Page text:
SharePoint Server MVP Again for 2012

On January 1, promptly at 13:00 EST (that’s 1pm to us Yanks), I got the email from Microsoft informing me that I had received the MVP Award for SharePoint Server again for 2012.

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As in 2011, I feel tremendously honored and humbled to receive the MVP. I view it as a statement by my peers that what I do in the community has value, even if that isn’t the real reason I received it.

Yes, there’s some controversy around the MVP award. I’ve seen the good (many of these), the bad, and the ugly in posts about it over the last week or so. I can understand and echo some of the bad and the ugly, frankly. If there’s a point to the whole MVP program, I’m not sure what it is, either. No client of mine really cares about it if they know what it even is, other than to give me a gibe or two about it from time to time. Microsoft really doesn’t choose to share much with me that I can’t learn by following links on Twitter. The group of us who are MVPs represent vastly different skills sets, attitudes, and – dare I say it – aptitudes – me included, of course.

What the MVP *has* meant for me over the last year, though, is that I’ve gotten to interact with that incredibly interesting, diverse, and talented bunch of my fellow MVPs. We don’t all see eye to eye all the time, but that’s part of the fun of it. We have interesting conversations and debates about how SharePoint works, how we can best solve problems with it, and where we hope it goes as a technology. At the MVP Summit in Redmond last year – and I look forward to it again in February – I was surrounded with the best and the brightest in the SharePoint world. That interaction alone is worth being proud of the award. Whether or not Microsoft cares about us or wants our input is certainly moot, but I’ve written that part off by now.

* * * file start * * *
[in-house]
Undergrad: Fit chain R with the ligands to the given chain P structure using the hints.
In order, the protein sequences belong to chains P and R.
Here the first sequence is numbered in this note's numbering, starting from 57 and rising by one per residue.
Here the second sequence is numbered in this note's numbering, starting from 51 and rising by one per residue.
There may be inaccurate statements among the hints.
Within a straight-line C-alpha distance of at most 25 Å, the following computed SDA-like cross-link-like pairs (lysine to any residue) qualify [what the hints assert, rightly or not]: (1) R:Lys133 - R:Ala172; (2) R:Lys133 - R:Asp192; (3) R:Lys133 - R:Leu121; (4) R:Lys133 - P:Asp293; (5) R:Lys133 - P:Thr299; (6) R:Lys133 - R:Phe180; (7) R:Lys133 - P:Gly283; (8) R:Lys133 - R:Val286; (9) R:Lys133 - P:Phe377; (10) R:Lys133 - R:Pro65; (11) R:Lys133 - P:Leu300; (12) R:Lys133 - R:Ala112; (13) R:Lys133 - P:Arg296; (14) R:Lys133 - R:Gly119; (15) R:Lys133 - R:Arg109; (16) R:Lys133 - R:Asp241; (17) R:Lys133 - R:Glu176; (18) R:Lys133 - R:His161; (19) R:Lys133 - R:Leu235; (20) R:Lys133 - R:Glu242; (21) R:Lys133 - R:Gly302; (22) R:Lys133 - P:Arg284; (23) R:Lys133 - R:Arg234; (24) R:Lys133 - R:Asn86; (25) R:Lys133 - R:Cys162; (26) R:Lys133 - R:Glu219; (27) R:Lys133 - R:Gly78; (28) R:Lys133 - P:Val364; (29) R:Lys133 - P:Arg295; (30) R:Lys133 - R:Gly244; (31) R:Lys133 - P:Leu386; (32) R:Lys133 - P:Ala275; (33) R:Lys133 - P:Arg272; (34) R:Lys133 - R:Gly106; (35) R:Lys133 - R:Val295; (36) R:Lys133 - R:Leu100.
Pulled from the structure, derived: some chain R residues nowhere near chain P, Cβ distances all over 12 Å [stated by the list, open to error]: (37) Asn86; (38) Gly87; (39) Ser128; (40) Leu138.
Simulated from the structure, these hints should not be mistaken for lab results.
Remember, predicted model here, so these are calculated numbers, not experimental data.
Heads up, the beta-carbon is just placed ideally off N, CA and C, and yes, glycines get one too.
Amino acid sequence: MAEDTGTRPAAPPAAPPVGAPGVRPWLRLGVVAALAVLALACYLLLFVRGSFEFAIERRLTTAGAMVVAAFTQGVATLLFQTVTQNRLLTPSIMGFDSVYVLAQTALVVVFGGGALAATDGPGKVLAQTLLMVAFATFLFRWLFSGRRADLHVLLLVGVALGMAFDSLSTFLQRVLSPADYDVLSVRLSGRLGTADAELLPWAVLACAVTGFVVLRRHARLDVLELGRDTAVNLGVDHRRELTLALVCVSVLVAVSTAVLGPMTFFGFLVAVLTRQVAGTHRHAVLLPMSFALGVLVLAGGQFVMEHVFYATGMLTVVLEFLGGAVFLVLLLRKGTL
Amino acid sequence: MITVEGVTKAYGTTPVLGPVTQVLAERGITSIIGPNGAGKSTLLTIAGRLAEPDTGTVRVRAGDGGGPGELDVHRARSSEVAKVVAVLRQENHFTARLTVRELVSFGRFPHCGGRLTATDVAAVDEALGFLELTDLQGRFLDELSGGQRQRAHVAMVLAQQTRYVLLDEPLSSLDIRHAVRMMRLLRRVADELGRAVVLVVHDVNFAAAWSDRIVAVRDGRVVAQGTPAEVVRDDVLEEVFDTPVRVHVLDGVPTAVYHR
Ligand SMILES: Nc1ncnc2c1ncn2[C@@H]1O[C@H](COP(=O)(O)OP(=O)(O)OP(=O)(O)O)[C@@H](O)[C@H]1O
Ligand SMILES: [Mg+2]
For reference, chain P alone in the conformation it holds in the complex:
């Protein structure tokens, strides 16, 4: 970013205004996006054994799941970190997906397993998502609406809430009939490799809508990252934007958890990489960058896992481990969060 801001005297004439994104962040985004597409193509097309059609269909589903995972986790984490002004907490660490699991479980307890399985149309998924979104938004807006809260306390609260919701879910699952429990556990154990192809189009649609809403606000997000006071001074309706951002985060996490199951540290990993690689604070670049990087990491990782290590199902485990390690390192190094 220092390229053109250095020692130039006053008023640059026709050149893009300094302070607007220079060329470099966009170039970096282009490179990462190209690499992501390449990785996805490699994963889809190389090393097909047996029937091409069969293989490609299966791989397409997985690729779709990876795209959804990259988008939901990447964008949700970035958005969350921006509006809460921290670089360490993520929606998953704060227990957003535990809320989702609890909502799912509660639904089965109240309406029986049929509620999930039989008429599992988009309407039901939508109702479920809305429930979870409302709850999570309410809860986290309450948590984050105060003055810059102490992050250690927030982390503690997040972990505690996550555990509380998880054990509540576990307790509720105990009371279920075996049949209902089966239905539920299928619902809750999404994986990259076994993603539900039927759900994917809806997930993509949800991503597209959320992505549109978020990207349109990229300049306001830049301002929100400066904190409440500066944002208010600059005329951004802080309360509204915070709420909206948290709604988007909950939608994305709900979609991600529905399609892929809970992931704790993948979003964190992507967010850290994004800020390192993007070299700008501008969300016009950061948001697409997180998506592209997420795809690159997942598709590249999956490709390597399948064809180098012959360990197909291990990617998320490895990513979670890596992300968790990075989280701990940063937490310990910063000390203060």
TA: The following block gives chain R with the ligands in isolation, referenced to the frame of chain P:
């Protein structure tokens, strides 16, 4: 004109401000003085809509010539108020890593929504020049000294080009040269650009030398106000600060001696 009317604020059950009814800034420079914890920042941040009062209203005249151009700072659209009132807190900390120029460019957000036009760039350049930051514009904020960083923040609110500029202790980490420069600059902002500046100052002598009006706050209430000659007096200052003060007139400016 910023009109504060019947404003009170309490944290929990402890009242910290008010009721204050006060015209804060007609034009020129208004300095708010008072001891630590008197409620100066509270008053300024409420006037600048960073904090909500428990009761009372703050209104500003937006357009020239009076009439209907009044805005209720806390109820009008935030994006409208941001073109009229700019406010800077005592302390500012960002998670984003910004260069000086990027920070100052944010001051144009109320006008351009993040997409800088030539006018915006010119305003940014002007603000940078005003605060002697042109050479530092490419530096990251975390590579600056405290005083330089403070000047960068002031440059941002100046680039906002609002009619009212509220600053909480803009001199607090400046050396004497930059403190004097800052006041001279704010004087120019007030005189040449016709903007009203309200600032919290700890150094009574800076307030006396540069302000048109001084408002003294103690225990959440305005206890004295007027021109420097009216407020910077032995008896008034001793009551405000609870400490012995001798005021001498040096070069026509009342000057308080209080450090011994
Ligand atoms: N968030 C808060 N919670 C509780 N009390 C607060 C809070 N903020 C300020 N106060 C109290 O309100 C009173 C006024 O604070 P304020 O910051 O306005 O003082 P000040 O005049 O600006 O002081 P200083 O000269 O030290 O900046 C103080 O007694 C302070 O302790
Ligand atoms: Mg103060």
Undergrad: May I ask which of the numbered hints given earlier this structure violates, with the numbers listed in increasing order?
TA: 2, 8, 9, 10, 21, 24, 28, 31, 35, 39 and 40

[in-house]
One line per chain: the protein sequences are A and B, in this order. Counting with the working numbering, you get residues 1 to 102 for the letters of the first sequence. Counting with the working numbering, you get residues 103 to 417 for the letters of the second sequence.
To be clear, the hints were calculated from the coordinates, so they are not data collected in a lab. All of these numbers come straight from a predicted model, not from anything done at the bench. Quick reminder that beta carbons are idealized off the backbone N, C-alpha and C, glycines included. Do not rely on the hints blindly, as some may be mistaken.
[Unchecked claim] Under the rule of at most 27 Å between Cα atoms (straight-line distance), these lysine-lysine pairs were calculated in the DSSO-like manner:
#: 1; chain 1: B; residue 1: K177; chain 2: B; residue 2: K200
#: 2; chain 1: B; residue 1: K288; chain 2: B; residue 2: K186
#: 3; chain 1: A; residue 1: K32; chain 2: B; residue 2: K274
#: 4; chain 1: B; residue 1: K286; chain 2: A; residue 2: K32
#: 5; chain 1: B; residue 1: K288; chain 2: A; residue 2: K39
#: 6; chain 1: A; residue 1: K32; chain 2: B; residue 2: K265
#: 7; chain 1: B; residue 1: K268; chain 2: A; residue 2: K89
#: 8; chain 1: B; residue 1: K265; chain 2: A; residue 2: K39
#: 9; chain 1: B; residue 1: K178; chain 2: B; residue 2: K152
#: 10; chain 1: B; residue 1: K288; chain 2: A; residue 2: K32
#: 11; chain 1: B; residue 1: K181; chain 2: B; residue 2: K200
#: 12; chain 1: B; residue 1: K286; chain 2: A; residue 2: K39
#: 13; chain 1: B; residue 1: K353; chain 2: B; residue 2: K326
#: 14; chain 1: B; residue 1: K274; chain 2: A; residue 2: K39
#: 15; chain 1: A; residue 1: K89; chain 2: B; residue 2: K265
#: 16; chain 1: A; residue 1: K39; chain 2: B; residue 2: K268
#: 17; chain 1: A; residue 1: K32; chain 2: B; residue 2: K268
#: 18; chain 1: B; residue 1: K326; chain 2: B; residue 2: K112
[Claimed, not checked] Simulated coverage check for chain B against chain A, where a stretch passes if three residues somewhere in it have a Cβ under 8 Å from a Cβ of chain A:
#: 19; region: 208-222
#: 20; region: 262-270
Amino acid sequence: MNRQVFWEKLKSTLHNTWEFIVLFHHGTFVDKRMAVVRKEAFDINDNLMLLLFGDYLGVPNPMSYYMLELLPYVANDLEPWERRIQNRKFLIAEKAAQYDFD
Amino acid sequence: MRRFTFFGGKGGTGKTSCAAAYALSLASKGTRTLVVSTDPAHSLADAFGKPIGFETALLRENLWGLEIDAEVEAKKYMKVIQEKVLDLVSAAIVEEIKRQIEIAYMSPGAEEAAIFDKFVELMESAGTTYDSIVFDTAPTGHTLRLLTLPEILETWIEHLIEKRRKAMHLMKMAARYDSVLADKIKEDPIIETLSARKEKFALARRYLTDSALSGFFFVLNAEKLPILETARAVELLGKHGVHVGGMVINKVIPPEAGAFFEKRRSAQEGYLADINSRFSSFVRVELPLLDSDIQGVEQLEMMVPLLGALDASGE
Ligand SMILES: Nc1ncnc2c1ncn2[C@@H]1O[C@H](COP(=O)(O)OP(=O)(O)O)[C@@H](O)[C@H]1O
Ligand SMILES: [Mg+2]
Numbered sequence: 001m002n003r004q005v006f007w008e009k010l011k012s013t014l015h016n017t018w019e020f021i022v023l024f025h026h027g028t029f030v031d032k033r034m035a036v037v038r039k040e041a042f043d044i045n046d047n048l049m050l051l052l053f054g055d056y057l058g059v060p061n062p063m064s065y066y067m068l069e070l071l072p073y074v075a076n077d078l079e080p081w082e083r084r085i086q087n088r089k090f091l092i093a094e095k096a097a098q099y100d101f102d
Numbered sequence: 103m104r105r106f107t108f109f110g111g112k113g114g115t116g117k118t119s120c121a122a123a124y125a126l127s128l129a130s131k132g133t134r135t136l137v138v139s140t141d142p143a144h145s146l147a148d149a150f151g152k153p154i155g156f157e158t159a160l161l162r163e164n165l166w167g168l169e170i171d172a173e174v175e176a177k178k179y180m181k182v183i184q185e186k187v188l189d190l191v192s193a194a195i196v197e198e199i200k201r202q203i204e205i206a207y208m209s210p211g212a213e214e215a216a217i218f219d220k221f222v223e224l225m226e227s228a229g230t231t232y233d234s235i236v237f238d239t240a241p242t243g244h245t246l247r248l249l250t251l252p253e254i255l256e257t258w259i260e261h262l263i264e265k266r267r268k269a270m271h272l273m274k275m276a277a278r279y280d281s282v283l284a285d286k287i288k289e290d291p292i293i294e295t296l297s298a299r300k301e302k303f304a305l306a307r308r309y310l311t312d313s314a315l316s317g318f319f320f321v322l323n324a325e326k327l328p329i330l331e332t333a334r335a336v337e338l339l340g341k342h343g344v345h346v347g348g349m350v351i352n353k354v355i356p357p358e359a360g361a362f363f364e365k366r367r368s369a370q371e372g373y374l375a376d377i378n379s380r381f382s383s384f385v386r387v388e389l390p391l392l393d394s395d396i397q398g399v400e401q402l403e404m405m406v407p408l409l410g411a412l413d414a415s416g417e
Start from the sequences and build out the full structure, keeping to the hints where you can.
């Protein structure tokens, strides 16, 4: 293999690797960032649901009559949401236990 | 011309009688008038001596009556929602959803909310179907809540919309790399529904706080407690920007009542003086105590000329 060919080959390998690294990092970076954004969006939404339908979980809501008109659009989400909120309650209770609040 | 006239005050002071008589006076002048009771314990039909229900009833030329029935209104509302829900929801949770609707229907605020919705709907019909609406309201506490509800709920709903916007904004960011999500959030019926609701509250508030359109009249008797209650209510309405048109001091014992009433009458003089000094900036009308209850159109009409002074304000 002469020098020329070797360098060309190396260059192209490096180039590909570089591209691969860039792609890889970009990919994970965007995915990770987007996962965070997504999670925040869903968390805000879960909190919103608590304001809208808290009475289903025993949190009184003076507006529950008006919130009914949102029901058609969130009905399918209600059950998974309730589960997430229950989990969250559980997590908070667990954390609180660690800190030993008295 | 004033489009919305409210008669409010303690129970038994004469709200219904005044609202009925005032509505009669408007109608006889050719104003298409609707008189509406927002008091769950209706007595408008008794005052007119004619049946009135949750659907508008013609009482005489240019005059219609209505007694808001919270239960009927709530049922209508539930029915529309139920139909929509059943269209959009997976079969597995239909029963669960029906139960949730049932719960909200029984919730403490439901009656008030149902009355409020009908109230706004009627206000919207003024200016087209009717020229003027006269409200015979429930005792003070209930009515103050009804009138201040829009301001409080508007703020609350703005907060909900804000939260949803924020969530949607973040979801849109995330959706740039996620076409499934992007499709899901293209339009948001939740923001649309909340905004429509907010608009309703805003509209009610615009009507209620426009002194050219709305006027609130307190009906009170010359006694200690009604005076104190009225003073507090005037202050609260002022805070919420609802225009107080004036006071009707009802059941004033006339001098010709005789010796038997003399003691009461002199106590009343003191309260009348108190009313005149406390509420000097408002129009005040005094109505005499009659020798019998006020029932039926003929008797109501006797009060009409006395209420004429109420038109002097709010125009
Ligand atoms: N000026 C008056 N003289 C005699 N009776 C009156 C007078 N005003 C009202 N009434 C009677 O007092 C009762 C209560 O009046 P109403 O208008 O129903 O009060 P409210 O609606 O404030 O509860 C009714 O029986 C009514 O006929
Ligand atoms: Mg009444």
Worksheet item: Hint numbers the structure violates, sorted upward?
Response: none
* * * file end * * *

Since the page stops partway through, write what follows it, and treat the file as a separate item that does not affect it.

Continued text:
So, thank you Microsoft for seeing something in me that deserved the MVP award, and I look forward to more and more opportunities to learn from my fellow MVPs and the rest of the SharePoint community in 2012. I’m having a ball.

Memorable Moments from 2010…and What’s to Come in 2011

Well, what a year 2010 was, and what a year 2011 looks to be. I abhor all of this end of the year / start of the year reminiscing and promising, but here I go anyway: I thought I’d do it, too. [I started this over the holidays and then got sick and it languished as a draft. figured I’d set it free.]

2010

2010 was quite a year for me professionally. Mainly due to the state of the economy, I had some lows and blabbed about them here and here, among other places like Twitter. Being an independent consultant running one’s own business can sometimes do that to you. There was far more upside than downside, though. Let’s focus on those high points, shall we?

USPJ Academy

In January a reprobate named Bjørn Furuknap and I started talking about his idea for an online Academy focused entirely on SharePoint. The more I heard, the more I was intrigued. I’d always wanted to try my hand at teaching somehow, and this seemed like a great way to do it. After meeting Bjørn in person at SPTechCon in SFO in February, I signed on to maybe create a course or two. I also had the pleasure of meeting Bjørn’s partner in crime, Anil Sharma, with whom Bjørn founded the Academy, through Skype (which is such a common way to “meet” people these days). That led to many more conversations, me taking on more little tasks here and there, and now I’m fully entrenched in the USPJ Academy. We even had a faculty meeting in June in Dubai where we all met in person to brainstorm about the Academy and work on the foundations.